When we lost Cleo in 2012, I took it pretty hard. Overwhelming grief, coupled with compassion fatigue from my job, consumed me for a long time. Again, the boys were left unto themselves but they didn’t seem to mind. For the next two years, it was just the boys. They were older now and still buddies. But, because Fox now outsized Smudge both in height and weight, there were fewer snuggle sessions and more power struggles. For several months I really wanted a kitten. It was high kitten season and they seemed to be everywhere but I couldn’t find one that I connected with. Just when I had accepted that I wasn’t going to find one, Nellie showed up on a neighbor’s porch. You can read more about her in my “6lb Terror” post.
Unlike Cleo, who was my first cat, the Big Cat, the feisty one, the cat who inspired a lot of my writing and creative projects; or Smudge who was the smart cat, the fun cat, the cat who would let you do anything to him, the cat who knew more tricks than most dogs; or Nellie, the beautiful pint-sized pistol that everyone instantly fell in love with; Fox is just Fox. He is easy going and even tempered. He is friendly, even with most strangers. He loves TV time and will readily cuddle with you while you’re watching your favorite show or keep your feet warm on a cold winter’s night. He’s an excellent hunter and keeps the house free of mice and defends his home from roaming cats and wildlife (from inside the house, of course). Despite his friendly and affectionate nature, he does not like to be held or restrained. Under NO circumstances are you to touch his feeties, front or back. It’s easy to get enamored with the little white socks and pink toe beans and want to reach out and grab them. Don’t do it, you will regret it. He will draw blood. He also has a big appetite and will steal any food left unattended. But these few flaws are minor compared to the rest of his personality. He was never a trouble maker or instigator. He never ate house plants or knocked things off shelves. Although he loves to keep his talons sharp, he doesn’t destroy the furniture or rugs, because we’ve given him things he is allowed to scratch on.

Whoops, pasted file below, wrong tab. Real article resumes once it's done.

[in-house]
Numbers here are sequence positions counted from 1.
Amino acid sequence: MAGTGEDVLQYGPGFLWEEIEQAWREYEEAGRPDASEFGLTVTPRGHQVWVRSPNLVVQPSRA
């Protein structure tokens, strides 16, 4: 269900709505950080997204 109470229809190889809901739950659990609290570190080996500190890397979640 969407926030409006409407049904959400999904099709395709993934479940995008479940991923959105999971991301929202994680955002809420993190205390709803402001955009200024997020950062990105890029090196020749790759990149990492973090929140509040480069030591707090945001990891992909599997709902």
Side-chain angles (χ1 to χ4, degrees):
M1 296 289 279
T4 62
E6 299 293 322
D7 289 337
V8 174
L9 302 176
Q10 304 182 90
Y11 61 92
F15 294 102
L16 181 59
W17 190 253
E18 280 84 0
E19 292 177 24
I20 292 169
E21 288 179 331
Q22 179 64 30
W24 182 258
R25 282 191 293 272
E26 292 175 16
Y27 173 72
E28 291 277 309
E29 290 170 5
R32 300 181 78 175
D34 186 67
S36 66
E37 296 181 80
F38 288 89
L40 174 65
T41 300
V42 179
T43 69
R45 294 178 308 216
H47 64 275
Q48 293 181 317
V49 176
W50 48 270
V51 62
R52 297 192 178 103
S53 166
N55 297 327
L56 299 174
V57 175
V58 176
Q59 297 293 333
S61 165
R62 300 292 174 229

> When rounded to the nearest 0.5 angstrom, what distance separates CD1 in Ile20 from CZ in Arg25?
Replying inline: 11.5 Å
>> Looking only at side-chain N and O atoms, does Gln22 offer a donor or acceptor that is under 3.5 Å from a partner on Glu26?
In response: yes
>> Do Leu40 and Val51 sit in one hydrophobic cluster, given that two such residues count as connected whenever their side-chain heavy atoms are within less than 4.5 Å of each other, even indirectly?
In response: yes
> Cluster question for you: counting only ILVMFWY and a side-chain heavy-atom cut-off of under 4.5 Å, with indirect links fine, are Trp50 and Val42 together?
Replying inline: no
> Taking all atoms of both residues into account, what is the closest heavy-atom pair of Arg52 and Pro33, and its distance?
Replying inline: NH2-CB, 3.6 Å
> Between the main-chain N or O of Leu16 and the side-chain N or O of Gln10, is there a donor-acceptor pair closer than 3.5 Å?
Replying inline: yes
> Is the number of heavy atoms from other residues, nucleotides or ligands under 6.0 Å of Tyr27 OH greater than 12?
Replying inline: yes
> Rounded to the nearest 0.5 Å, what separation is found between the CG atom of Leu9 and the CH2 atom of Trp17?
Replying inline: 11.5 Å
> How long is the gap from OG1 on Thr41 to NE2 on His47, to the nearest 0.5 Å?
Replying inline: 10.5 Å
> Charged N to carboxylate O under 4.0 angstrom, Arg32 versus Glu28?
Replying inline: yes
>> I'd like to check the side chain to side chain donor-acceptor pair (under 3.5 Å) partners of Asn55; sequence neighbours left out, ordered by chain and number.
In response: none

In short – Fox has always been the good one.
At 10 years young, Fox J. Cat has climbed the ranks from baby of the family to top of the heap. Now that Smudge is gone and it’s just Fox and Nellie, I can see his personality changing. He is more open and receptive to our affection and is more engaged, instead of just sleeping all day. He tolerates Nellie pretty well. She desperately wants to play and have chase and he accommodates here and there, at least for a few minutes at a time. Unfortunately, I can’t take much credit for his awesomeness. Most of it comes naturally, the rest he learned from his feline siblings.
When he’s in a good mood, rolling on the floor and showing you his belly, you may catch a glimpse of a white cross on Fox’s chest. I call it his St. Andrew’s cross, the cross on the flag of Scotland, the birthplace of golf. It’s ok to reach down and rub his furry little head or boop his nose, just don’t touch those feeties!